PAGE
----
Stuchiu: Why casters and players should ignore social media criticism

There seems to be a never-ending debate about whether casters, and to a lesser extent players, should listen to criticism posted on social media. Although there are some merits to taking online judgment to heart, I’ve come to the conclusion that the benefits of ignoring social media criticism far outweigh those few advantages.

First the merits. If you wade through all of the comments, you might be able to find one or two that hit on something you haven’t considered before and can improve your game or casting ability. You could even gain popularity by doing this as you will be seen as a man of the people, someone who listens to the vox populi and acts accordingly.

However those few boons come with problems in themselves. For every one or two posts that offer a valid point, there could be hundreds or thousands of bad ones that are different variations of “You’re shit, I don’t like you.” By the time you wade through the filth to the few useful nuggets, your psyche will have already settled into rage/exasperation mode, and you’ll likely ignore the good posts anyway.

Fans like to point out that the objects of their criticism should “get a thicker skin,” which is a waste of time. An individual’s psychological makeup isn’t easy to change, and it certainly can’t be altered on a whim for a stranger. If it was that easy, someone like John “TotalBiscuit” Bain would have done this a million years ago. No random fan has ever had thousands of comments flaming them, so few — if any — can empathize with the experience. For them, giving criticism is a 1-on-1 experience; for the caster/player, it’s a deluge of comments from thousands of people. Your job is to cast or play the game. It isn’t to calmly analyze thousands of destructive comments to find a few constructive ones. Even those few famous people who are capable of doing this don’t go around telling their peers to keep a stiff upper lip. They understand that having the fortitude to handle all that negativity isn’t as easy as flipping a switch.

In addition to that, the person in question doesn’t know the motives behind these thousands of posts. Some posters want to be genuinely helpful. Many others are deliberately hurtful. Others seek to subtly incite anger with seemingly innocuous posts. Still more can be trolls, self-absorbed people with no awareness of (or ability to care about) how annoying they are. A person can’t know how to discern the difference between all the comments.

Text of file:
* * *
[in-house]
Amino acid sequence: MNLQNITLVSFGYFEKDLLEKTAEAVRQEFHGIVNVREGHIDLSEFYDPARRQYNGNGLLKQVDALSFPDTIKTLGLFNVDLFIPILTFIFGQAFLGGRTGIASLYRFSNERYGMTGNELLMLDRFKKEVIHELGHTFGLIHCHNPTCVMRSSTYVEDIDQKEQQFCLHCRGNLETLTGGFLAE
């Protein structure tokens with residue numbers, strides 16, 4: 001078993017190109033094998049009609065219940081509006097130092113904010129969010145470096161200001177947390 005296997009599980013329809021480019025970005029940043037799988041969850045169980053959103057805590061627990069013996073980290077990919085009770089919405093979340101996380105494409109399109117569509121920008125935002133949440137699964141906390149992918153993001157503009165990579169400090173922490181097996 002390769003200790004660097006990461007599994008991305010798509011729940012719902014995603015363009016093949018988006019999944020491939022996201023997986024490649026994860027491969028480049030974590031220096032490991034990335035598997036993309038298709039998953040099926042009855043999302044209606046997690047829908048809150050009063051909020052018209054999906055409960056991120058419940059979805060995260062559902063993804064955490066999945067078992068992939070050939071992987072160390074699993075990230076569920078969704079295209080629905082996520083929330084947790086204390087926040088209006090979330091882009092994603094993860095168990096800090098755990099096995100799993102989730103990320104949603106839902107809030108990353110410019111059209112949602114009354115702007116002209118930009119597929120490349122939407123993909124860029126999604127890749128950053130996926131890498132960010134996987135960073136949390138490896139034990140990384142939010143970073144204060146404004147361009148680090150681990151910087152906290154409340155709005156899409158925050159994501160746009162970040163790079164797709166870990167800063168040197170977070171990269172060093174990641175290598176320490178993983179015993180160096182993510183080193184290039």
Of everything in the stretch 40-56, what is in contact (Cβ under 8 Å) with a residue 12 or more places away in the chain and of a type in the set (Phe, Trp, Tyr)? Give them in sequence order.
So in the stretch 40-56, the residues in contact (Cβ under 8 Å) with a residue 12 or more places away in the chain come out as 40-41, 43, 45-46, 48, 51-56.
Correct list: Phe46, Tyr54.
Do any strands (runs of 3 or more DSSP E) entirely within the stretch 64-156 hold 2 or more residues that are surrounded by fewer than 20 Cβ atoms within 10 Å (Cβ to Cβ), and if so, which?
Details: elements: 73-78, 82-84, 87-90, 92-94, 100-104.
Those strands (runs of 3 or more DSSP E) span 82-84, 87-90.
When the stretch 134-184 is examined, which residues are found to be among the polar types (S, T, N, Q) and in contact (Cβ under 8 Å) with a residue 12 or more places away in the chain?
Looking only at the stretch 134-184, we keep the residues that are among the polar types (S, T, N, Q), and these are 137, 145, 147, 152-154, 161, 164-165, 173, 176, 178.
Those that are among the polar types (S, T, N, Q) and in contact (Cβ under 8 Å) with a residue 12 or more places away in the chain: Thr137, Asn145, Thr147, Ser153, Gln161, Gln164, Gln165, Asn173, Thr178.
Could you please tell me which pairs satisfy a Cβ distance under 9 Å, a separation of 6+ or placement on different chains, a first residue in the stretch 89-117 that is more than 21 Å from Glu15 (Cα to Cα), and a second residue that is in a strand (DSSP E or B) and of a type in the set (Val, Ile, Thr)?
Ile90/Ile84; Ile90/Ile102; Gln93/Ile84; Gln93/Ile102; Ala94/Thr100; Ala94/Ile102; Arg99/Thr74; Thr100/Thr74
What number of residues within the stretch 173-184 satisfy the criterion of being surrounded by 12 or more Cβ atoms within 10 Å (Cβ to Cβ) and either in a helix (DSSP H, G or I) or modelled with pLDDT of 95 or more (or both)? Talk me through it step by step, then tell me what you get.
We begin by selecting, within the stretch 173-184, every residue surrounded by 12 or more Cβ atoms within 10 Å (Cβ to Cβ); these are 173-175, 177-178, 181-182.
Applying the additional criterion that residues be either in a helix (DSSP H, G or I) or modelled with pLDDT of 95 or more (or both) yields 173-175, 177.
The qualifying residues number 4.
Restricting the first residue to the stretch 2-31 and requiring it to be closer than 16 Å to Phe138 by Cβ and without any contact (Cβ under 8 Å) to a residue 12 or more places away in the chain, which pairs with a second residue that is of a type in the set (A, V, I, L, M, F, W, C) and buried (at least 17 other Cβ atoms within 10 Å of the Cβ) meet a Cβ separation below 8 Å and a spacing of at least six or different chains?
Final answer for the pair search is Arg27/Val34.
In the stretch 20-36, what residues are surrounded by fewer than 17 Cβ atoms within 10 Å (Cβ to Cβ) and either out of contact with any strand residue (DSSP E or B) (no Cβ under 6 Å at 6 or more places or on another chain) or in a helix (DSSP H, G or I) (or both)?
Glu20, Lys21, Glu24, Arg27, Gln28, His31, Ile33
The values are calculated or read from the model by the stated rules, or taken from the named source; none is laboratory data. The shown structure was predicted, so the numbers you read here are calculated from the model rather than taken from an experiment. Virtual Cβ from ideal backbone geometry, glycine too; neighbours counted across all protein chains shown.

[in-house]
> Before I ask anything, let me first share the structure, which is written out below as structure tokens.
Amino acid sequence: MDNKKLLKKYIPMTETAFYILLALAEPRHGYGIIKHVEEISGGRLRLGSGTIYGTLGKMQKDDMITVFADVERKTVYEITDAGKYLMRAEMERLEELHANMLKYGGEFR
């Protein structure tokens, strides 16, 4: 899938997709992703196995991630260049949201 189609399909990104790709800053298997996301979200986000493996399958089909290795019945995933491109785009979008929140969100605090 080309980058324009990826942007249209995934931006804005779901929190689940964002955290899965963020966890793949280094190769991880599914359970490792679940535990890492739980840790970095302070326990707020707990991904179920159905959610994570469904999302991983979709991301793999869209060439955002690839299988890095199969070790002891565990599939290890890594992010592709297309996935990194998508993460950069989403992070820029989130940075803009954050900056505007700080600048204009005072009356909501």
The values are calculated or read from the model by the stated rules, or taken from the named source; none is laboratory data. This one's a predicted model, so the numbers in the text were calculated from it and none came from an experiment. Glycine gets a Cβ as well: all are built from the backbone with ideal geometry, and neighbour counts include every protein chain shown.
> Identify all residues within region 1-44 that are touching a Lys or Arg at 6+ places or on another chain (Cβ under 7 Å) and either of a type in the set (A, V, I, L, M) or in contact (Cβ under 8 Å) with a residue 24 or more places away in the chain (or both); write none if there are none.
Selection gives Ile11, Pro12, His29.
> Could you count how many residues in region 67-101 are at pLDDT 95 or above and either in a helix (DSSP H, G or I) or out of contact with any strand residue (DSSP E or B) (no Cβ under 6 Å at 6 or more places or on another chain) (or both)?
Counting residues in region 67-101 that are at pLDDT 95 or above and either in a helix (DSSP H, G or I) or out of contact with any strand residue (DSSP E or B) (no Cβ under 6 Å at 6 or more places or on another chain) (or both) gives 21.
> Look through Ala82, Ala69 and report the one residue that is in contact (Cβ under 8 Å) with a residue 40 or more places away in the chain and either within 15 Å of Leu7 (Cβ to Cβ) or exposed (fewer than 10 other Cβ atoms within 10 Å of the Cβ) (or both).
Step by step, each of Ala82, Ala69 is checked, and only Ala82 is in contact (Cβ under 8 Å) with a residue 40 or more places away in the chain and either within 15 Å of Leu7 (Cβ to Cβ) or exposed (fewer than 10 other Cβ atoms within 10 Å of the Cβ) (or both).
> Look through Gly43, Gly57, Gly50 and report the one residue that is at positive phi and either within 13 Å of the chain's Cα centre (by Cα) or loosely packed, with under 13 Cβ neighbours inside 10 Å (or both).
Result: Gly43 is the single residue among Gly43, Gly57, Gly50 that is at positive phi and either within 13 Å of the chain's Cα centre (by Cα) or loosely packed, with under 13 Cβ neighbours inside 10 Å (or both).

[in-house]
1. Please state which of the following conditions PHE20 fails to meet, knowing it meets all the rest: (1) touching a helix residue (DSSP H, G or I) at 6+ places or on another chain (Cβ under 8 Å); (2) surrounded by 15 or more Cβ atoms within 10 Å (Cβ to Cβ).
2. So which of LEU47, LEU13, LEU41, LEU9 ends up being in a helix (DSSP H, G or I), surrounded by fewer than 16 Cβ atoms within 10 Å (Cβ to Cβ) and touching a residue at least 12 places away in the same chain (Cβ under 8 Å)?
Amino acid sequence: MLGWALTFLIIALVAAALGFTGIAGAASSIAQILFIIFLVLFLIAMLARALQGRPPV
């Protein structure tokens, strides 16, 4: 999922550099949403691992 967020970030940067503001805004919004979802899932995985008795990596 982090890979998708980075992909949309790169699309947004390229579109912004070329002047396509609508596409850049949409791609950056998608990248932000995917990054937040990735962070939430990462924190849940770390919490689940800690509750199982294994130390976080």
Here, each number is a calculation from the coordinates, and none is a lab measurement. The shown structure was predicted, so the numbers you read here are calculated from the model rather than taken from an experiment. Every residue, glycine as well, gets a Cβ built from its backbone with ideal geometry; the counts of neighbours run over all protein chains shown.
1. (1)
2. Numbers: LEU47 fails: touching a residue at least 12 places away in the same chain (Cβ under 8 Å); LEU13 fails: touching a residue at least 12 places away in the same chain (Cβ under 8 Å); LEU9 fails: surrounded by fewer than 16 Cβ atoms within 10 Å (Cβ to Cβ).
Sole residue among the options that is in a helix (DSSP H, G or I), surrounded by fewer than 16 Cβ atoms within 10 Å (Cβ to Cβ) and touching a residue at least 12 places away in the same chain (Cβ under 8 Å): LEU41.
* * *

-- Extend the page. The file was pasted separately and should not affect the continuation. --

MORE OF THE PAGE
Then we come to the content of the comments themselves. I’ve seen multiple threads with highly upvoted comments that directly contradict each other. One says “Caster X shouldn’t be so hyped about things as it doesn’t feel sincere.” A few months later, the caster changed his style and the new complaint was that “Caster X was no longer as hype as he was.” There are too many opinions to parse through, many of which can be valid yet contradictory. If you listen to these comments and react to every knee-jerk reaction, you will eventually lose your identity of what made you good to begin with. Instead of focusing on refining your strengths, you are now subject to the whims of whatever social media has picked apart at the moment.

Some point out that while this is true for players, casters should cater to the viewer experience. In that case, let us take the argument to its logical conclusion and play out the numbers. For instance, if you take Counter-Strike, there are hundreds of thousands of viewers per premier tournament and potential millions for a Major. A highly upvoted reddit thread will have a few thousands upvotes and a few thousand comments at best; many of these posters will be hardcore fans of the professional scene, not the casual viewers who supposedly make up most of the audience. In essence, you’re submitting yourself to the mercy of an incredibly small minority of viewers instead of the vast majority who approve or are ambivalent of your current style.

So if you don’t get criticism from social media, then where would a caster or player get it from? In the player’s case the best place to get it is from their in-game leader, coach, analysts and team. These are the only people they should be beholden to in any sense. What about a caster then? You can either do self-reflection or do peer review. Just like how players can re-watch VoDs of their matches to improve, the caster can rewatch their own cast and find things they want to change or improve. They can also ask their peers for help in critiquing what they are doing.

This is especially helpful as your peer group will have a much more intricate understanding of your craft, and they can give you concrete advice on small or big things to improve. Even if you were in a cutthroat environment where none of your peers want to help you, you can get help from outside the scene by consulting an expert from sports or a different esport.

Overall, there are way more detriments than advantages in trying to listening to social media for criticism. It is way too much work for something that gives little improvement, and in exchange you lose a ton of time and erode your psychological well-being. At worst, you can end up kowtowing to social media and becoming a machine with no independent thought of your own, losing all of the qualities that made you stand out from the crowd in the first place.

Illustration by Slingshot

Slingshot senior columnist. StarCraft and CS:GO expert who pushes narratives over numbers.

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